You probably have no idea how much you can afford until you get preapproved by a lender. This is why you must get a mortgage preapproval before going house hunting. You could be setting yourself up for disappointment if you don’t do so. 

If you find a house you love, and afterward, you try to get preapproved for a loan, the home may be gone before you finish getting preapproved. It’s also important to note that most sellers want to show their home to serious buyers only and will request a preapproval letter from the buyer.  

The preapproval process involves applying with a lender who will check your income, credit history, and assets. After verifying these documents, a lender can approve you for a home loan and tell you your real price range.

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Don’t go with the first mortgage lender that approves you

You’re excited and ready to buy a house right away, so you go with the first mortgage lender that approves you. That’s a big mistake!

While many lenders’ rates are very close in price to one another, some lenders charge rates that are above average. Getting a loan with a higher interest rate can be very expensive in the long run, so be sure to look around and get quotes in writing from at least 3 to 5 different mortgage lenders to get the best deal. 

Another big mistake prospective home buyers make is going with their longtime bank, thinking they will provide the best deal for them. Unfortunately, big banks are typically more expensive in interest rates and closing costs than a good mortgage broker or other lenders. 

When you’re getting quotes, try checking with a few different types of lenders. Check rates at your current bank and look at online mortgage lenders, credit unions, and maybe even a mortgage broker.

Don’t make big financial changes before closing

While going through the underwriting stages, your lender will re-check and verify your income, assets, debt, and property details and issue final approval. But don’t think the purchase it’s finalized. Nothing is official until you’ve signed the final closing papers.

While you wait, avoid making significant financial changes such as purchasing a car, significantly increasing your credit card balance, opening up new credit cards, changing careers, and applying for new loans or lines of credit.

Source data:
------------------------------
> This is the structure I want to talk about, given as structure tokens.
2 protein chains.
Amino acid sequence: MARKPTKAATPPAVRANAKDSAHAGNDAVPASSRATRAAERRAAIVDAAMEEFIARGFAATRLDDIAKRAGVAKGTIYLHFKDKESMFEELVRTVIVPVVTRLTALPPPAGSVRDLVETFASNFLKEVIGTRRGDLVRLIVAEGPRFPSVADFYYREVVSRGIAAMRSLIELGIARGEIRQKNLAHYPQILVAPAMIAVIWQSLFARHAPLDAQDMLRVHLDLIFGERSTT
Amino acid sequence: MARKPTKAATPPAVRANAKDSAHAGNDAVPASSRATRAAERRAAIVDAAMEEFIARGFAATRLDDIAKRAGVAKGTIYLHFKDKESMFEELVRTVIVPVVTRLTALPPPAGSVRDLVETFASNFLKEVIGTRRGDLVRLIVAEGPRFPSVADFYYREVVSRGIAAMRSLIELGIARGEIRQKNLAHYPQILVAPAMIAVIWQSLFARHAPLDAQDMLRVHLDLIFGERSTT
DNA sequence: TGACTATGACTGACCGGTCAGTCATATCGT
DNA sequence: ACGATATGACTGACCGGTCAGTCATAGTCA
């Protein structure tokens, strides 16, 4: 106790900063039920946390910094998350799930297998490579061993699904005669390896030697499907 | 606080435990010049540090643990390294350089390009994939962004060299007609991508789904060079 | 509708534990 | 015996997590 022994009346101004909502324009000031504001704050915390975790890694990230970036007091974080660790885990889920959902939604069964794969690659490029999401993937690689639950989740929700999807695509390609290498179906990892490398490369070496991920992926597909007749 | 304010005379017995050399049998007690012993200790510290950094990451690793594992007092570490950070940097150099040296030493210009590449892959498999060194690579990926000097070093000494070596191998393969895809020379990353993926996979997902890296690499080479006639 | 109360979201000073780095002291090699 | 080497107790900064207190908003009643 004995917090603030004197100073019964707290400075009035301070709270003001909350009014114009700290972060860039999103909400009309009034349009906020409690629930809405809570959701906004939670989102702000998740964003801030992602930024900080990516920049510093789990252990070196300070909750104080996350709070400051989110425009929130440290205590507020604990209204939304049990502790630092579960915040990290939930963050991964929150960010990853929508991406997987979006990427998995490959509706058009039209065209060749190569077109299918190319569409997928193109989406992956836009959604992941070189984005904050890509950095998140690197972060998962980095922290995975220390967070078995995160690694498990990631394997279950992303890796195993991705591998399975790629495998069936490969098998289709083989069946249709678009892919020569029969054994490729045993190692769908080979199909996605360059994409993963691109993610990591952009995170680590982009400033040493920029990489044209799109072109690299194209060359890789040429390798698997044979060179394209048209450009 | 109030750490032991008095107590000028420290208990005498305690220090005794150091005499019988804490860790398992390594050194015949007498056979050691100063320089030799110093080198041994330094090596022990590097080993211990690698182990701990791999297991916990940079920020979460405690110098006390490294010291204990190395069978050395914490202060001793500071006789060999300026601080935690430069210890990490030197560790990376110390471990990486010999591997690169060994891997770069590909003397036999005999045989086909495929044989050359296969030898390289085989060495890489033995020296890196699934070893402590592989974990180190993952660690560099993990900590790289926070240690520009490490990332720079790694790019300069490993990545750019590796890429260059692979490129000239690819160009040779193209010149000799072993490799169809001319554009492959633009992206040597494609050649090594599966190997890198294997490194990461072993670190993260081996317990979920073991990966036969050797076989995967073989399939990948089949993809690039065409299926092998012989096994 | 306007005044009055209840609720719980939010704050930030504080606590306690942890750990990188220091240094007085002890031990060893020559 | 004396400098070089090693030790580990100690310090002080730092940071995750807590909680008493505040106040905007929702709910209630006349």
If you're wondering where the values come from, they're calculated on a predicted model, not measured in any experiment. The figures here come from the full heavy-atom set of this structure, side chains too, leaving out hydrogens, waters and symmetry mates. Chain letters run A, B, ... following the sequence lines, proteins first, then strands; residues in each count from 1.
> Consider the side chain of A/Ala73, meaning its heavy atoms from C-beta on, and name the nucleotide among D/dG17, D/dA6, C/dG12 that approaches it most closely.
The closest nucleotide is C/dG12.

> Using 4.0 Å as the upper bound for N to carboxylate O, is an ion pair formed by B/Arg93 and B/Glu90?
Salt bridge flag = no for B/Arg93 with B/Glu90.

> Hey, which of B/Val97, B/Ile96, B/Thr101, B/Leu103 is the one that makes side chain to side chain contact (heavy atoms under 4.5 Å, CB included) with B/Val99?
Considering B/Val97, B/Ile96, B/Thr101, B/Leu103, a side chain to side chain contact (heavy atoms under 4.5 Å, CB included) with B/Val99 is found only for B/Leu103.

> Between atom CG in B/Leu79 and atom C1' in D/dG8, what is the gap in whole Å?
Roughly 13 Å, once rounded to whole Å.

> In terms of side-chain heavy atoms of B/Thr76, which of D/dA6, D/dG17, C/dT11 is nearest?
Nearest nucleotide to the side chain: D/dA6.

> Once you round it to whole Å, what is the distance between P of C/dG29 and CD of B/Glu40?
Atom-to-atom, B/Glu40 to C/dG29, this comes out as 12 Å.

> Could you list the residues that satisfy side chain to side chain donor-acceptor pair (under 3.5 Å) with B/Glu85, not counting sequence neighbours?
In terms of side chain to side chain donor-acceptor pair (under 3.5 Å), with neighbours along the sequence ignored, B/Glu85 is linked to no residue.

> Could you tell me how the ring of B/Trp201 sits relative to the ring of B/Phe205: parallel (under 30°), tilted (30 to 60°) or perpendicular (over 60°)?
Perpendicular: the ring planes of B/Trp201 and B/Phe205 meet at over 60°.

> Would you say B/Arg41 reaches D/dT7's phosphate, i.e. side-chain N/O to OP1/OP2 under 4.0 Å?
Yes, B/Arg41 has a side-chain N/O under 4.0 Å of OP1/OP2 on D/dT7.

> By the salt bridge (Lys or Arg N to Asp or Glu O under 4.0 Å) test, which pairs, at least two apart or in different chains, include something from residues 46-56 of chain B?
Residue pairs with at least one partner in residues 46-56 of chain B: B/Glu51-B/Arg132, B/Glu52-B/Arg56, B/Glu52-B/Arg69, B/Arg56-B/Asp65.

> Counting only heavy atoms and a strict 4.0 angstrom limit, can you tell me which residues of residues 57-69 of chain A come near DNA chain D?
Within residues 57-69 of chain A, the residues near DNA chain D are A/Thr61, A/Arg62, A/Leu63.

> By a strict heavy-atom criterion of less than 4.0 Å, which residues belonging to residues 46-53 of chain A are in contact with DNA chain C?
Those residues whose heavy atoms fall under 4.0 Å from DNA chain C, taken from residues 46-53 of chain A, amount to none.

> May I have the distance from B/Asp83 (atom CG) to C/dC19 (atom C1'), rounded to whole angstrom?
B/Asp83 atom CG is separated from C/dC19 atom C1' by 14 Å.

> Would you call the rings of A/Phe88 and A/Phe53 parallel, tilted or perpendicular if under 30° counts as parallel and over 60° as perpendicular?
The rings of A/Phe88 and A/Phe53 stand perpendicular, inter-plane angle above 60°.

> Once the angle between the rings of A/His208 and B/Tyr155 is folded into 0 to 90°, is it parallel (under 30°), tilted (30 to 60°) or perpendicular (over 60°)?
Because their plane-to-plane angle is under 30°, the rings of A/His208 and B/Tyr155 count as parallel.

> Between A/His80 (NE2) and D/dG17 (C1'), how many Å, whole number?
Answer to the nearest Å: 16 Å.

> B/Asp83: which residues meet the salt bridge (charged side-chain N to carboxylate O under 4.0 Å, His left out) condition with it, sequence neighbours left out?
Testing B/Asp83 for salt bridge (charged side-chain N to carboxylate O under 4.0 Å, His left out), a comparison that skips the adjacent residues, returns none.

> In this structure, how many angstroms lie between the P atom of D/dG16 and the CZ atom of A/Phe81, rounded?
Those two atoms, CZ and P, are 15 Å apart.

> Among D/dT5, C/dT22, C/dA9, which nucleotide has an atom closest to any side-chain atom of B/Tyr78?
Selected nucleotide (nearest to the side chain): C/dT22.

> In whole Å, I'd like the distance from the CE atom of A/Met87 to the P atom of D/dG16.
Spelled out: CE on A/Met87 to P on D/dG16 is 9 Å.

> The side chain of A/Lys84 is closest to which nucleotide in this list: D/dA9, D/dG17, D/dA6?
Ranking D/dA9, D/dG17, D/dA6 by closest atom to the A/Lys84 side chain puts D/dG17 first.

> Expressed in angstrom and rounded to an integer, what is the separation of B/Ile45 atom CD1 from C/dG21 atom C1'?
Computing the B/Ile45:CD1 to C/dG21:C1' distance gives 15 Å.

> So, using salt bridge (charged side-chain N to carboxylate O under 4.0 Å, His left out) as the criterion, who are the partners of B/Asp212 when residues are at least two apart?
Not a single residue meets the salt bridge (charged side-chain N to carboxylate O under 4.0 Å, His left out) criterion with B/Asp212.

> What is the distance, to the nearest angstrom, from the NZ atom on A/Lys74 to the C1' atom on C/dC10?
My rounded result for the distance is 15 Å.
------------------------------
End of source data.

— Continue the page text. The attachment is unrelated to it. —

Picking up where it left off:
It may be tempting to use the extra funds you have to buy thousands of dollars worth of furniture or open up a Rooms to Go credit card. Doing this can easily tip the delicate balance of your debt-to-income ratio (DTI) and hurt your creditworthiness so that you no longer qualify for a loan.

Maintain a quiet financial period before closing, and don’t do anything that could jeopardize your final approval and your home purchase.

Don’t start banking at a new institution

Similar to changing jobs or finances, your banking history and status are part of the process of getting pre-approved. If you change your bank, you may not get final approval from the lender. 

Even if your bank made you angry or you saw a great offer from a different bank that you don’t want to pass up, you may wish to reconsider passing up because changing banks before getting the loan can disrupt everything, so avoid changing banks until you have closed on the house.

Avoid being a co-signer for anyone

No matter how badly you want to help a friend or family member, try to avoid co-signing a loan. When you co-sign a loan, you commit yourself to a financial obligation, even if you’re not the one making the payments or the primary person on the loan. At the end of the day, if the lender needs money and cannot get it anywhere else, they will come looking for you to pay.

Mortgage lenders are well aware of this fact and therefore disapprove of any applicant who decides to co-sign. Along with the points listed above, you need to focus on keeping your credit and financial situation stable and constant until you sign the final closing documents.

About the Author
Stephany Lamas

Stephany joined the RentReporters Marketing Team in 2021.